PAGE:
After some backtracking, you finally found the stile hidden in the bramble bush. How many metres further on was it from the footbridge you passed 20 minutes ago? You can go back and pace it out; or you can click the place on your satnav and measure the distance once you get home. (Or you could tell your readers to 'continue for a short distance'… Shame on you!)
The publisher would like a gpx track anyway. One recorded on the ground (rather than clicked off the map) will pick up the places where the path isn't where the map says it is.
Phones have pretty much replaced GPS gadgets. I use the Viewranger app, with a £30 per year subscription to get the OS Landranger and Explorer mapping. Just watch out you don't use up your phone's battery.
5: Social media influencer
The wonderful thing about being an outdoor writer is that every few years they come up with another whole new field of endeavour to get our brains around. Now we are expected to have a huge and lively following on Facebook and Instagram to help sell our books.
One writer expert in social media told me there wasn't any need to update Twitter more than a couple of times a day. Strangely, he seems to have dropped out of guidebook writing. Maybe he spotted that the £0/hour you earn curating Twitter is even lower remuneration than the rate for writing guidebooks.
6: Public speaker and broadcaster
Sooner or later you'll be invited to do a Powerpoint presentation about it all. This can be quite rewarding, given that the writing takes place in the solitude of either the hills or the screen. Otherwise, asking for a proper fee will usually get rid of 'em.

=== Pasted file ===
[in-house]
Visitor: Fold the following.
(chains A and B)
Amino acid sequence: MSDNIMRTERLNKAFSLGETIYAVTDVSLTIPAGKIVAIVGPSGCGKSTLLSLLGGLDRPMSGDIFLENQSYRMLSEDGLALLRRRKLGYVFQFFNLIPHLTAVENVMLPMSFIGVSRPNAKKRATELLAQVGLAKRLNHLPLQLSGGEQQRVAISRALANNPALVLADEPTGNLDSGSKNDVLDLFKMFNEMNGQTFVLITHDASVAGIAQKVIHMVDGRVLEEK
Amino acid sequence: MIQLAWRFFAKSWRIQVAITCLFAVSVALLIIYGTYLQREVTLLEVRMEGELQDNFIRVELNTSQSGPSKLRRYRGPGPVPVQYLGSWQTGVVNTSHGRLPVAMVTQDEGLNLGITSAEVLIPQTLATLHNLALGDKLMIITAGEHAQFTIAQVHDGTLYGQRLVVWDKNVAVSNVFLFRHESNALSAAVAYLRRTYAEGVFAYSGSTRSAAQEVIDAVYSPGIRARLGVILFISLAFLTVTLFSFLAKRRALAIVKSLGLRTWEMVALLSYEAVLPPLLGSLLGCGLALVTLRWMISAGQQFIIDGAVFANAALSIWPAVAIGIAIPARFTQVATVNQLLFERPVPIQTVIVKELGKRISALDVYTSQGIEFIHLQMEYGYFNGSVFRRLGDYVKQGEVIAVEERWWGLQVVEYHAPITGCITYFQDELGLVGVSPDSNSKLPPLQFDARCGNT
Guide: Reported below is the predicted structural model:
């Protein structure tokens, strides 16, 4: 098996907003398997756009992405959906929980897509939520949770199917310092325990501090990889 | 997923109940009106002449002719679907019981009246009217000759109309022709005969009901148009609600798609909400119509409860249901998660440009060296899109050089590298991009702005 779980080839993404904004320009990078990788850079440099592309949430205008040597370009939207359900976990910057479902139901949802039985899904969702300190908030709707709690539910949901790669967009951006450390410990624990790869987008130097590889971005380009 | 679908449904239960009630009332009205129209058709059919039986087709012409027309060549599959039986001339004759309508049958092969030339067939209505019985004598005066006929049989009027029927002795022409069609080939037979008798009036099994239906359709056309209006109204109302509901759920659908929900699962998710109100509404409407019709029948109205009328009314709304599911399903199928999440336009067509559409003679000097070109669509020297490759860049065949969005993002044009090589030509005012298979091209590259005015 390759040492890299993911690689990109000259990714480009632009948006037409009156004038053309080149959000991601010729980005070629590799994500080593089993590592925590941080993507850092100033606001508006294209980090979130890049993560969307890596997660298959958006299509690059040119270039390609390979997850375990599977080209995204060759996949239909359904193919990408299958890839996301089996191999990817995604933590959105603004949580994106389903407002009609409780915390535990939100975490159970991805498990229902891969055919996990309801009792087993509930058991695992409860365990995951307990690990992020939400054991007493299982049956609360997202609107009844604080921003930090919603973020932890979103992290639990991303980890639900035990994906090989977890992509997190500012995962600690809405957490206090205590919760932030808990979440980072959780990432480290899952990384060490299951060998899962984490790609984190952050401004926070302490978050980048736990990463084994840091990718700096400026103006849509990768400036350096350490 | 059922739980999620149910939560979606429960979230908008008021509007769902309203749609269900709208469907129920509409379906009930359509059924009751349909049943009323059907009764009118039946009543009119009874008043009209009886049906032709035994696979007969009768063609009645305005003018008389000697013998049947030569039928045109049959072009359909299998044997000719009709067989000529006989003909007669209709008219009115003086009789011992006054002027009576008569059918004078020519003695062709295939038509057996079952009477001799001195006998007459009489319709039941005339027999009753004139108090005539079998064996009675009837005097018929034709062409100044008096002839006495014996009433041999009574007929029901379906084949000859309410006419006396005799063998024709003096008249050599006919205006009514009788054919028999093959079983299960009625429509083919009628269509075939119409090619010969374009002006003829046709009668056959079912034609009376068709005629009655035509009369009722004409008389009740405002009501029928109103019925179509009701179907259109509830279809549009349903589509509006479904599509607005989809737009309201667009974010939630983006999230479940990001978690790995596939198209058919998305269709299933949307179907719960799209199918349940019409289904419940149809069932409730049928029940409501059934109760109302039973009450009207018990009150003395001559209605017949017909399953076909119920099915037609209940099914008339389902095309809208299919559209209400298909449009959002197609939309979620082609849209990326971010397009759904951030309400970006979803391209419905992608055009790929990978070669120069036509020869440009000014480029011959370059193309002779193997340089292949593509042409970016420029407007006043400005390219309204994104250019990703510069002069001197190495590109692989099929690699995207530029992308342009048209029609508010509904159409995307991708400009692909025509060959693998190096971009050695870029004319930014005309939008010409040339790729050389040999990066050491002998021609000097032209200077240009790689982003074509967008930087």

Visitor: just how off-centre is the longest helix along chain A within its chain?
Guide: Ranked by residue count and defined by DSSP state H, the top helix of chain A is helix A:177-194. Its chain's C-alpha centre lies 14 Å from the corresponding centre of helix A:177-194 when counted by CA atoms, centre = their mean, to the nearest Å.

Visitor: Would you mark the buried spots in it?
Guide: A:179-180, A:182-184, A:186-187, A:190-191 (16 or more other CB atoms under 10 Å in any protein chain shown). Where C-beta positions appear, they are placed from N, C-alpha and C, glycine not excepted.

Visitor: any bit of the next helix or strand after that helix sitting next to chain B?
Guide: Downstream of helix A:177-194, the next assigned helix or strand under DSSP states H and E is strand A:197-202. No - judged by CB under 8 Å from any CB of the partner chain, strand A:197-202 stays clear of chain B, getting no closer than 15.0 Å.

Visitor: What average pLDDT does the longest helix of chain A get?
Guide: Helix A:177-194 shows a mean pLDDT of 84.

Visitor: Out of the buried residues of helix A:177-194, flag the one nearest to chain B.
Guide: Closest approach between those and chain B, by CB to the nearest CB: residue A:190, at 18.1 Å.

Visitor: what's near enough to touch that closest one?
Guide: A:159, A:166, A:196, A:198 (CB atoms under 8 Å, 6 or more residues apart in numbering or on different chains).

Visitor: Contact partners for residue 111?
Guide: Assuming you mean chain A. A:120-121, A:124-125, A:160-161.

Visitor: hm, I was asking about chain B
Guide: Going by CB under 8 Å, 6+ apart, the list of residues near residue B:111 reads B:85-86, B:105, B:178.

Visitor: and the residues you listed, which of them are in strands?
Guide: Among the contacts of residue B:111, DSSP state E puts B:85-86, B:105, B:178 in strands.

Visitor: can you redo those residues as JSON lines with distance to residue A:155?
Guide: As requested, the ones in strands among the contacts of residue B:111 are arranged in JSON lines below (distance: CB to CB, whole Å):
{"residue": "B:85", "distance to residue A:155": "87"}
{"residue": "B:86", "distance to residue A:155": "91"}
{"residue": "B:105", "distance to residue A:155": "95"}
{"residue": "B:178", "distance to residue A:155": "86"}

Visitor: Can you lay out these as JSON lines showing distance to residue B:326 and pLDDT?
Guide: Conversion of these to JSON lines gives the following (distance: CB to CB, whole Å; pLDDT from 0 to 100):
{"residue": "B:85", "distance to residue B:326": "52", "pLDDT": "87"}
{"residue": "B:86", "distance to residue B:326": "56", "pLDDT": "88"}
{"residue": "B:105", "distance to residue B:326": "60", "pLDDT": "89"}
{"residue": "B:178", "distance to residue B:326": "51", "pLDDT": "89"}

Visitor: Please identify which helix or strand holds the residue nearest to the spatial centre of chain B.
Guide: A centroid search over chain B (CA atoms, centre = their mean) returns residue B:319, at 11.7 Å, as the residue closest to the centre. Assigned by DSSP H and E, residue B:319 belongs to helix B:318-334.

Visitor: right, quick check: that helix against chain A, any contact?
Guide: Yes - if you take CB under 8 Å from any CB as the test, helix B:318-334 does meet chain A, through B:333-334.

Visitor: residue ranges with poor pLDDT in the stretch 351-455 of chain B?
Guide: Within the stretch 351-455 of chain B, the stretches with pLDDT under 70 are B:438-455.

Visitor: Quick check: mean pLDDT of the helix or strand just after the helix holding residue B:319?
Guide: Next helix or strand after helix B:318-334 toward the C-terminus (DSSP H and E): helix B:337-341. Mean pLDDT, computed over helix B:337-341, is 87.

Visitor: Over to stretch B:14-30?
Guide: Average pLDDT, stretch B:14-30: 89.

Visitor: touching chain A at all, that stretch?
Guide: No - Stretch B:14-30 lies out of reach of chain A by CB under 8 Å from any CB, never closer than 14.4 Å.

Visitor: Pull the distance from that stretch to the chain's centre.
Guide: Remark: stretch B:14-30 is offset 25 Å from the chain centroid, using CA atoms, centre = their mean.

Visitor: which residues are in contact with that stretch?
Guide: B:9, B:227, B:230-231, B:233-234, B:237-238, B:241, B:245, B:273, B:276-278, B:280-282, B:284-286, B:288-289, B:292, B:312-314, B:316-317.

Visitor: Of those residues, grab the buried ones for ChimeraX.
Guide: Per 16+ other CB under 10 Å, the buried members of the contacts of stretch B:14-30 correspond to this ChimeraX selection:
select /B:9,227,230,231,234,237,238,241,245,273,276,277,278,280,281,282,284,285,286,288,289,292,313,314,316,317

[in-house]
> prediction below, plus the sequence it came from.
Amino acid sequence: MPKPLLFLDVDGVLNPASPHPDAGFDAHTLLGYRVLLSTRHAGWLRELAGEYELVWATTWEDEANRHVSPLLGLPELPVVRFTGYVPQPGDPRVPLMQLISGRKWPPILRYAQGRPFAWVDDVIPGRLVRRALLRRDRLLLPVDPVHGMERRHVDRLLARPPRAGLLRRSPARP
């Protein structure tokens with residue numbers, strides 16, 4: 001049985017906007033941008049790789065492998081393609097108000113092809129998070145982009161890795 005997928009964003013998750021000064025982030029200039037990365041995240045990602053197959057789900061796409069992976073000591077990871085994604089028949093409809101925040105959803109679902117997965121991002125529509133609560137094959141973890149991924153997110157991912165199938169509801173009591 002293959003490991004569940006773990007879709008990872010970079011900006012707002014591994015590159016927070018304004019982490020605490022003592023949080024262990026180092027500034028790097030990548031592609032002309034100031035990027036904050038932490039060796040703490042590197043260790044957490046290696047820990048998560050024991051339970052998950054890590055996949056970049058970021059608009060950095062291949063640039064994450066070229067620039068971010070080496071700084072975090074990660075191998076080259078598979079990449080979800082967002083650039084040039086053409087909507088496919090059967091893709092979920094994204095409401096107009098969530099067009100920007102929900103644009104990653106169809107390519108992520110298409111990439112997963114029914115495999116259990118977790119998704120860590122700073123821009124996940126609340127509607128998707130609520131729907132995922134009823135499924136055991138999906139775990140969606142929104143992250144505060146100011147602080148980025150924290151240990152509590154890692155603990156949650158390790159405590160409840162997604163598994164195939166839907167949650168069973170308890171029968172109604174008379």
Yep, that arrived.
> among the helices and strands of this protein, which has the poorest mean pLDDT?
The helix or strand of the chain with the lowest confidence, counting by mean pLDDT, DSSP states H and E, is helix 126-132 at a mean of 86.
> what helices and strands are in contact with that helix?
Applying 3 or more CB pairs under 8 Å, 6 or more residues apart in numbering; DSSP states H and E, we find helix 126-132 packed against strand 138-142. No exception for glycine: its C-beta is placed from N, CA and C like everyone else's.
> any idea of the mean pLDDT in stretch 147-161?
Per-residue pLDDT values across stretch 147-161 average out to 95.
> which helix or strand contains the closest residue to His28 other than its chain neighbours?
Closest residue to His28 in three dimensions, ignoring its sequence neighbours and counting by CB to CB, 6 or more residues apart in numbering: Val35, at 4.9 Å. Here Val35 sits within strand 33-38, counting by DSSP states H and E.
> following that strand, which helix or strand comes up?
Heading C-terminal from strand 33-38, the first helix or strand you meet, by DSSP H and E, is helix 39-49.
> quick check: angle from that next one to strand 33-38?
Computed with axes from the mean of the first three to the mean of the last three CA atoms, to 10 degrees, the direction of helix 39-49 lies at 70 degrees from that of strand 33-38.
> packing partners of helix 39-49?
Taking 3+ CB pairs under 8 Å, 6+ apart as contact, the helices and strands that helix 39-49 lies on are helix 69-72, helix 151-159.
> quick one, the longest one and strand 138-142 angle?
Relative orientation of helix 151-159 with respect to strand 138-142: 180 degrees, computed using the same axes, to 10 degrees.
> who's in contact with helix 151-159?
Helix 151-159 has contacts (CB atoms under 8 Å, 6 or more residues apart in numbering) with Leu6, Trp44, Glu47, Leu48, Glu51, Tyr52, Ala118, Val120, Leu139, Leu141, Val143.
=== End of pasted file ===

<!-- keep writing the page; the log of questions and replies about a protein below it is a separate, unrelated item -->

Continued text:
It seems a shame to hire an accountant, only to hear them say: "Well, you actually earned some money – but that was before deducting my fee…" You can keep accounts on a simple spreadsheet. You can keep them in a ledger book, just supposing you can find a biro.
Her Majesty's Revenue and Customs have various ways they try to make it easier for those of us who can't find the biro. Here's some stuff to google on the HMRC website:
- £1000 self-employment trading allowance
- Cash basis accounting
- Simplified expenses for use of home
- Simplified expenses for use of car
Plus, for the sophisticated
- Averaging for market gardeners and creators of artistic/literary works
Unless you're a serious lover of spreadsheets, or earning rather a lot, don't even think about registering for VAT.
And when you do finally have to pay some income tax, congratulate yourself! You're in the UK's top 50% of high-earning authors.
So, if you fancy a job involving long days and nights on the hill. Getting a cracking dawn photo. The occasional appreciative email from a reader. The pleasure of slipping a really bad pun past your editor. If there's an area you know and love and spend lots of time in, and someone like me didn't already write the guidebook, and you're a half-decent photographer, and you don't actually need to make any money.
Then yes, okay, give it a go.